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Big bowl of clam linguini

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Eggplant parmigiana with a monster side salad

It’s a friend’s birthday, so we score a complimentary piece of house-made cannoli. And as I’m leaving, I pick up a pound of fresh-roasted coffee, while eying all the cold cuts and cheeses that go into the deli’s paninis. Next time.

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Finishing things off with some house-made cannoli

Sauce Italian Kitchen & Market
3326 17 Avenue SW, Calgary, Alberta
Restaurant: Sunday to Thursday 11 am-10 pm, Friday-Saturday 11 am-11 pm
403-727-7627

$18 Breakfasts Still Abound in Calgary

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Good, upscale breakfast at Calgary’s Blue Star Diner

I’ve lived in Calgary since 1980 and have thus witnessed numerous booms and busts. So while a number of food and drink places invariably fold with each crash, especially downtown, I’m no longer surprised when much of the restaurant scene chugs along as if nothing’s happened.

So it is with the most recent oil-price collapse, especially at breakfast. Calgary has long been one of the more expensive places to order breakfast in western North America. Think $15 for a good, though fairly standard morning feed. And yet people are perfectly happy to line up for these breakfasts, especially on weekends and even in winter.

An outsider might think such lineups would disappear and prices cut in the wake of this latest recession. No such luck. A quick survey of popular Calgary breakfast spots shows prices of $16 to $19 for more upscale morning offerings like lox waffles, meatloaf hash and tofu scrambles. One place even charges $14 for a breakfast sandwich and $15 for pancakes.

Thus it was when we recently visited Blue Star Diner in the city’s trendy Bridgeland district. At 8 am on a Saturday, it wasn’t lined up but still busy.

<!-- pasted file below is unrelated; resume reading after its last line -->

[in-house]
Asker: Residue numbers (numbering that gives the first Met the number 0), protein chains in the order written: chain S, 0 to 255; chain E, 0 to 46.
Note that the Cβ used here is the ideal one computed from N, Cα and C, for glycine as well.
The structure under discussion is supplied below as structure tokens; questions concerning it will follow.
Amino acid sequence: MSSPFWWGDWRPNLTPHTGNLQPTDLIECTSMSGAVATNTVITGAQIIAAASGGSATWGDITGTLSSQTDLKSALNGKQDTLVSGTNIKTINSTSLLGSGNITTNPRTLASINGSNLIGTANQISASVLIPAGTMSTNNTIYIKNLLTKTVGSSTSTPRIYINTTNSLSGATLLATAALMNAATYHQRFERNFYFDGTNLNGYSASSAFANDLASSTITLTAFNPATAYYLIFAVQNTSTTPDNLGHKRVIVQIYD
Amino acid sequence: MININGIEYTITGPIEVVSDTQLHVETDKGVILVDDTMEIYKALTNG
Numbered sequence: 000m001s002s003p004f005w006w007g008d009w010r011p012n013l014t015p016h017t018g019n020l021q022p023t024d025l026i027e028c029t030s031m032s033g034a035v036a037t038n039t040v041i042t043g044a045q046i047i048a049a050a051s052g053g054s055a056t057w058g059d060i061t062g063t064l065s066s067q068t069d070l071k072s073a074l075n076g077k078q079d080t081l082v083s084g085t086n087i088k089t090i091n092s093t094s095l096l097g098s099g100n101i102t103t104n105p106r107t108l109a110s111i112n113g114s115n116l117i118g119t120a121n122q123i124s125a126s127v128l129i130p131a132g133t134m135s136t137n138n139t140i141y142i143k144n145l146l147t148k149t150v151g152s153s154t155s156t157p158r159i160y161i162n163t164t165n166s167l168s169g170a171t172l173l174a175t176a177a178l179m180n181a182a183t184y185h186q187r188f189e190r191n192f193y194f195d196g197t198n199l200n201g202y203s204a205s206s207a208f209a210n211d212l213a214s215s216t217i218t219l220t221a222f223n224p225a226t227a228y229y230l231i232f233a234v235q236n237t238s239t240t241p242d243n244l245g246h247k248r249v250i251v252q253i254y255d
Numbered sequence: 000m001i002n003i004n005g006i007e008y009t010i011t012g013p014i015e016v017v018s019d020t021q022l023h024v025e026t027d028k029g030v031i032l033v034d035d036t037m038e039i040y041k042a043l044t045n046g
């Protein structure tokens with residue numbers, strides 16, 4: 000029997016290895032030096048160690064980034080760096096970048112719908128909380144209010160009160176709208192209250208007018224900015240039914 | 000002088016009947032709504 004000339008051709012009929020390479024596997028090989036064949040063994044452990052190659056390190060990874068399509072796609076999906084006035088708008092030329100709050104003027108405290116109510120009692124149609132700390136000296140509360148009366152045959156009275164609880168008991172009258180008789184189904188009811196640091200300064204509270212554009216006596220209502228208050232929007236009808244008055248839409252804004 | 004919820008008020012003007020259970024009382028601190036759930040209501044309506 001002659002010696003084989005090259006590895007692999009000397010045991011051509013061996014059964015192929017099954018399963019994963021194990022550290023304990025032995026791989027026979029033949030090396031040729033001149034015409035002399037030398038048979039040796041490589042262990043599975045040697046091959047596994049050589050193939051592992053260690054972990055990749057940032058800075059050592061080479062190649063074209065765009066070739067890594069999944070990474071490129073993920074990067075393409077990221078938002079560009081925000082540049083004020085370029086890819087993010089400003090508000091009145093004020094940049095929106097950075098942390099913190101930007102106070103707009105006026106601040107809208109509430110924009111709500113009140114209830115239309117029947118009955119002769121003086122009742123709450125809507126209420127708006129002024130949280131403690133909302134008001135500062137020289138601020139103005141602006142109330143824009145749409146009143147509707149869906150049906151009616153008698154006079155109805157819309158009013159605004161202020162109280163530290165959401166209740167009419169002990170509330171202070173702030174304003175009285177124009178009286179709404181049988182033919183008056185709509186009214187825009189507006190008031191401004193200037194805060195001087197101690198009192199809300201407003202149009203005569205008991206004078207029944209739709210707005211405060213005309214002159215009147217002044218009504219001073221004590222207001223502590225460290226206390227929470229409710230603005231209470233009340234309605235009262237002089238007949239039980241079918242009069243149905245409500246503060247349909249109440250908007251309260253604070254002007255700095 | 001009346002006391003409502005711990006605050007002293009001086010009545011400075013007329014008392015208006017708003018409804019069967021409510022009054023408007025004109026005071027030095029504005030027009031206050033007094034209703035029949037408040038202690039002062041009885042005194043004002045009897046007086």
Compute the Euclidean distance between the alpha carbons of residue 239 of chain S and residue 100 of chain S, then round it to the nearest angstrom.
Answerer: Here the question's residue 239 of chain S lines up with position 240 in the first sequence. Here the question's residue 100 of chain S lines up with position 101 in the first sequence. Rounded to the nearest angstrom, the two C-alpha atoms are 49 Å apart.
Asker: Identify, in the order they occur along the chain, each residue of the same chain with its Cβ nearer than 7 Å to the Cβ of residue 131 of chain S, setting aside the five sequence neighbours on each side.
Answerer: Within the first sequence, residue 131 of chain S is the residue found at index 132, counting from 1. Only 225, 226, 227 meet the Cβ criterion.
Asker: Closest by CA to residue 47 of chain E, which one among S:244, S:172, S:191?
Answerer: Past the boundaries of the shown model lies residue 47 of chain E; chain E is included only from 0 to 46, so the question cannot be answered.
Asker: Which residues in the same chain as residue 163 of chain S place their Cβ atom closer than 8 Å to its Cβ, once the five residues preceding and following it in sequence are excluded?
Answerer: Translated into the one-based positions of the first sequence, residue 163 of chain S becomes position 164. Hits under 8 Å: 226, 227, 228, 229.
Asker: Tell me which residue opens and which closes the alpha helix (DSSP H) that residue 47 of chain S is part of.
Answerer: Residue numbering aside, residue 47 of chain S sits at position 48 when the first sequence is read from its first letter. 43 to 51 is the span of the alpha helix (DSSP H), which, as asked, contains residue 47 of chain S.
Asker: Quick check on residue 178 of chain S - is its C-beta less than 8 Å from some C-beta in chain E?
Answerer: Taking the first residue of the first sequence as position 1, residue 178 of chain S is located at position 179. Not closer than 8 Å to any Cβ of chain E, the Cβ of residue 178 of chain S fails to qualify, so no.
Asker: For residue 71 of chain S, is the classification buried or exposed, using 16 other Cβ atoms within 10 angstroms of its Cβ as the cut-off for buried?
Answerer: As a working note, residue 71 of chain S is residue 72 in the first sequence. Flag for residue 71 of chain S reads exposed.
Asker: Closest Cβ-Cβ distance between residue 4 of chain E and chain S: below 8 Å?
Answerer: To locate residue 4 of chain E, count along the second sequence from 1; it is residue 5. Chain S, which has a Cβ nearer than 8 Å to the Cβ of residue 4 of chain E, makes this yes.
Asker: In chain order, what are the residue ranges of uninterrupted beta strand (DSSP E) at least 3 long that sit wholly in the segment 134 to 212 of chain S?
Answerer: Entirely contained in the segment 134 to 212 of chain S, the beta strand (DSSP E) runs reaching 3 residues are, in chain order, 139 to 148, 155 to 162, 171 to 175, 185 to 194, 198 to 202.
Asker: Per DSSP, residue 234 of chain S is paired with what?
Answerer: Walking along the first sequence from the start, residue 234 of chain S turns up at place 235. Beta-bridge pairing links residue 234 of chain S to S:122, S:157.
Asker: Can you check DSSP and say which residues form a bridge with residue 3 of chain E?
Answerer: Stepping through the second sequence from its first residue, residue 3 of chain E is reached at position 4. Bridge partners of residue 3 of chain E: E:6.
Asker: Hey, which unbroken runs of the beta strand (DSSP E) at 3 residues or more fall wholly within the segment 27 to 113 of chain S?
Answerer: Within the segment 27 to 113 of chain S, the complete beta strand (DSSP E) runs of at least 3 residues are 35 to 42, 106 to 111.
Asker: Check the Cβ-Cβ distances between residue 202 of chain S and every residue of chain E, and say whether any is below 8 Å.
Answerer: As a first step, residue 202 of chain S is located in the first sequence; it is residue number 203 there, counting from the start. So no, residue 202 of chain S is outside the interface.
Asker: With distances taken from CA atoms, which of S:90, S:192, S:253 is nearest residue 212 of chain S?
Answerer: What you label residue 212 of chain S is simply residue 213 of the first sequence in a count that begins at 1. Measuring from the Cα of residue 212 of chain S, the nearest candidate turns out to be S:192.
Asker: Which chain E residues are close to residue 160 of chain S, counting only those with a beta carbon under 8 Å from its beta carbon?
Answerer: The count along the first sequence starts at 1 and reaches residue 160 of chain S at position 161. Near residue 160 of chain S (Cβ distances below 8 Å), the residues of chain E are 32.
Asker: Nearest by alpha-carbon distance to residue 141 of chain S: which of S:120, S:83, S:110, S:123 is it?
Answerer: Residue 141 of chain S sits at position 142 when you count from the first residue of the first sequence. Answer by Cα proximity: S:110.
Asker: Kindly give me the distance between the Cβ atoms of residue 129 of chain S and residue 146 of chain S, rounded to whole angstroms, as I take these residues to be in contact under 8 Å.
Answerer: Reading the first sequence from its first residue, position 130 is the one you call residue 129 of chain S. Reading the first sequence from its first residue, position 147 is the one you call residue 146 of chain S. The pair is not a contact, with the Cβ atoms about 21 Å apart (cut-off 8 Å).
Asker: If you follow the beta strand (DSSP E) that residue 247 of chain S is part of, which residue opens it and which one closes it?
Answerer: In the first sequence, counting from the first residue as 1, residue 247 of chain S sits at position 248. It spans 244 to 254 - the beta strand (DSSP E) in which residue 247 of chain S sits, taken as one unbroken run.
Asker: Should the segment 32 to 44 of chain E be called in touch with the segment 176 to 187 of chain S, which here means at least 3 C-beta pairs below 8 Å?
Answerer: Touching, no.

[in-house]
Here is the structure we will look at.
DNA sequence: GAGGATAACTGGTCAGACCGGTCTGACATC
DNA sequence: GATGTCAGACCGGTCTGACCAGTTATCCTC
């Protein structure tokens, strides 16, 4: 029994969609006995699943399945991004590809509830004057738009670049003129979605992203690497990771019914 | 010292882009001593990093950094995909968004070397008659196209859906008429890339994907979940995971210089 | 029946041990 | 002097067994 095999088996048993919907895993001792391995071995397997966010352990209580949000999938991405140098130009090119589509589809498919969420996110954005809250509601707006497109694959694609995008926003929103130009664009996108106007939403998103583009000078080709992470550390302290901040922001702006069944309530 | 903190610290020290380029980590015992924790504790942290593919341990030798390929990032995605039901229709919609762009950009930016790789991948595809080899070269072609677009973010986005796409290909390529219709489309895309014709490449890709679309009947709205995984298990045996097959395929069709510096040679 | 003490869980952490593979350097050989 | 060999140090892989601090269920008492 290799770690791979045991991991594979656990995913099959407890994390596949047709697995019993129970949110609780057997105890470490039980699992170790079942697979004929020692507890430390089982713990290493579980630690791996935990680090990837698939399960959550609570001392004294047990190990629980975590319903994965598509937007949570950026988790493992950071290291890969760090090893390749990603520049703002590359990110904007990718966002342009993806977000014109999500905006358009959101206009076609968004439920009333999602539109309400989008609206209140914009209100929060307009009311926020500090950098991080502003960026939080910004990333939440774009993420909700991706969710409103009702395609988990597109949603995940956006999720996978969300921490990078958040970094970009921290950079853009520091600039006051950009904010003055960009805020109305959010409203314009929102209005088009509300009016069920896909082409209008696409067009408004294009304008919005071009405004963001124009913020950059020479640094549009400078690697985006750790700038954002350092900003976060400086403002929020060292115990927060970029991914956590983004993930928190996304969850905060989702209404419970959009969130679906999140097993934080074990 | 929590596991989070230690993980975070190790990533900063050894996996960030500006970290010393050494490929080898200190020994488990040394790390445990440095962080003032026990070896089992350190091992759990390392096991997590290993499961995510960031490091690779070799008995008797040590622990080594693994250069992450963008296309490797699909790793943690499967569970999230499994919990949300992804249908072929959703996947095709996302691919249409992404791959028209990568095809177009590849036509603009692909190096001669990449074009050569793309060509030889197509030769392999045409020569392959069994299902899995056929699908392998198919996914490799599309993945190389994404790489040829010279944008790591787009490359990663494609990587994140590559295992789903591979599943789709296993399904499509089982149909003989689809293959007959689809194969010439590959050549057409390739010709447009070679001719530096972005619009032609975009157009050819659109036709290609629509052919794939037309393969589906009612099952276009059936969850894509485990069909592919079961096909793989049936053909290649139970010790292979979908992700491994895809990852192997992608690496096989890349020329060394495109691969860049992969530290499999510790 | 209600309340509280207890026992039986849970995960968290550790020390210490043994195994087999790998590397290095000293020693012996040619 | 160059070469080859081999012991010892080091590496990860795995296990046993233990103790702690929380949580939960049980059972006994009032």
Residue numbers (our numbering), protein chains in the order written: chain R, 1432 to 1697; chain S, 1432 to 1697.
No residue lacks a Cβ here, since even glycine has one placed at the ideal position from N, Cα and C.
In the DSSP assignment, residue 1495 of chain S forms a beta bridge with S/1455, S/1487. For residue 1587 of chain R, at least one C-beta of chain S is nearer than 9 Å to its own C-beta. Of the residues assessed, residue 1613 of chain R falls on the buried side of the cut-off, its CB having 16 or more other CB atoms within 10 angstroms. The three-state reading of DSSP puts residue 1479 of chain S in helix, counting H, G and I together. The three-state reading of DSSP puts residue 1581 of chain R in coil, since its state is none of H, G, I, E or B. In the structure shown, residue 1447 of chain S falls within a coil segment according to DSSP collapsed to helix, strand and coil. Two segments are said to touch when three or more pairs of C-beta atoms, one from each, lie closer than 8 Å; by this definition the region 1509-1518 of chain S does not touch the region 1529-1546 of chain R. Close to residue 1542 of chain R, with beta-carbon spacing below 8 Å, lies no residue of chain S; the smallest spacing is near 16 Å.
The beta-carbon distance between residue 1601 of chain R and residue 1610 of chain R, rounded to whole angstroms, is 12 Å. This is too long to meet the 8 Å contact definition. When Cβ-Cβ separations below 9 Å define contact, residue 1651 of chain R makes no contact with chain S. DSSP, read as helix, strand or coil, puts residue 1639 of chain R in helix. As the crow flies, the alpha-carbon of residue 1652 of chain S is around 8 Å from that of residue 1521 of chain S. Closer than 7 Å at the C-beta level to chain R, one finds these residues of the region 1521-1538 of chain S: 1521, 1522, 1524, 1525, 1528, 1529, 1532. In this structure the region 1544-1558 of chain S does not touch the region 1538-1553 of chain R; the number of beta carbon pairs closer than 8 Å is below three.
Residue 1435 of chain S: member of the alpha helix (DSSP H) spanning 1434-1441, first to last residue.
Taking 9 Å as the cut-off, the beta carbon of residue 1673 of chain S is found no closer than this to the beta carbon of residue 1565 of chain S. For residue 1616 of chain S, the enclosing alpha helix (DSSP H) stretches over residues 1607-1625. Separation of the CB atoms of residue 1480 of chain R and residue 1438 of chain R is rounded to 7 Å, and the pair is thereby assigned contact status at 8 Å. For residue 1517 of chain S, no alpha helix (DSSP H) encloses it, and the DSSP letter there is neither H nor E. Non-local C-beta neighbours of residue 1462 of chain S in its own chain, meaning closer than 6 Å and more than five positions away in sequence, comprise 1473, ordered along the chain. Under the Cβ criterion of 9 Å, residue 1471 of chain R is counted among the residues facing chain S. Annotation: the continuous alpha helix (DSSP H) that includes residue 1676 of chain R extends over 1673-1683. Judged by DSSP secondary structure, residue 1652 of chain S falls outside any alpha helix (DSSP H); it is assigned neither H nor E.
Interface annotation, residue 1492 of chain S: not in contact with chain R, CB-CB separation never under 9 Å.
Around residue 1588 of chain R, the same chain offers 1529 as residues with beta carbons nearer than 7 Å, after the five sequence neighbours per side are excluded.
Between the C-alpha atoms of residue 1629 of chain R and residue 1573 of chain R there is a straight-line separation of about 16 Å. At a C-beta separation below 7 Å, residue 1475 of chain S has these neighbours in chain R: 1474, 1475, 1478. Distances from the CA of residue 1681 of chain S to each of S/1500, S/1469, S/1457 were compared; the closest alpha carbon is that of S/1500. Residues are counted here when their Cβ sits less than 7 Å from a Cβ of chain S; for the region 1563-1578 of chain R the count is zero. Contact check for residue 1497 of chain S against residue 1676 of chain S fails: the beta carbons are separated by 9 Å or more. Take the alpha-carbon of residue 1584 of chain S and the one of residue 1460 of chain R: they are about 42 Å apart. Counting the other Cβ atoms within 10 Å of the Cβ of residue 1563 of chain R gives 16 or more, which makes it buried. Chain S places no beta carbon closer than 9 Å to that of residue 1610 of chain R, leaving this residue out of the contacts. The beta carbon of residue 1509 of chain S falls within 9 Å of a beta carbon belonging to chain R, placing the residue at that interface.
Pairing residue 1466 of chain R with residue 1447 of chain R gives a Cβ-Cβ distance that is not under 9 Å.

I often like to order breakfast offerings that venture well beyond the tried-and-true bacon and eggs. Blue Star certainly delivered on originality, and we were soon happily munching on slow-cooked brisket and grits ($17.50) and corned lamb hash and cornbread ($18.50).

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Corned lamb hash and poached eggs

I must say it was delicious, with lots of locally sourced ingredients, excellent execution and attention to detail. I’ll always happily pay a little more for quality. Still, $45 for breakfast and coffee for two? Sheesh.

Blue Star Diner
809 1 Avenue NE, Calgary, Alberta
Daily 8 am-10 pm
403-261-9998

Great Ramen Shop in Edmonton

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There’s a lot of delicious complexity in this pork ramen bowl at Edmonton’s Prairie Noodle Shop

I’m a big fan of eating at restaurant counters, because it gives me a front-row view of the kitchen.

At Edmonton’s fabulous, newish Prairie Noodle Shop, I’ve discovered another benefit of sitting on a high counter stool: it’s only a few inches from bowl to mouth. All the better to slurp up that liquid and noodle goodness without wearing it.

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A fabulous chunk of roasted pork belly goes into my ramen bowl

Really, there is no elegant way to attack these gorgeous ramen bowls. Just lift your chin occasionally to admire the beautiful composition and then dive back into exploring all the complex flavours and textures.

The big plastic spoon is needed to savour the rich pork broth, simmered for 16 hours and, in my case, jacked up with miso, garlic and house-made chili oil. The chopsticks are required to grab the slender ramen noodles, the tender chunk of roasted pork belly, the smoked, shredded pork shoulder and the half umeboshi egg. Then it’s back to the spoon to scoop up niblets of sweet sesame corn.

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The spoon is one of the tools needed to attack this big bowl of goodness

There’s a lot going on in this big bowl forged by chef/owner Eric Hanson—a bargain really at $15.50 for this much originality and quality.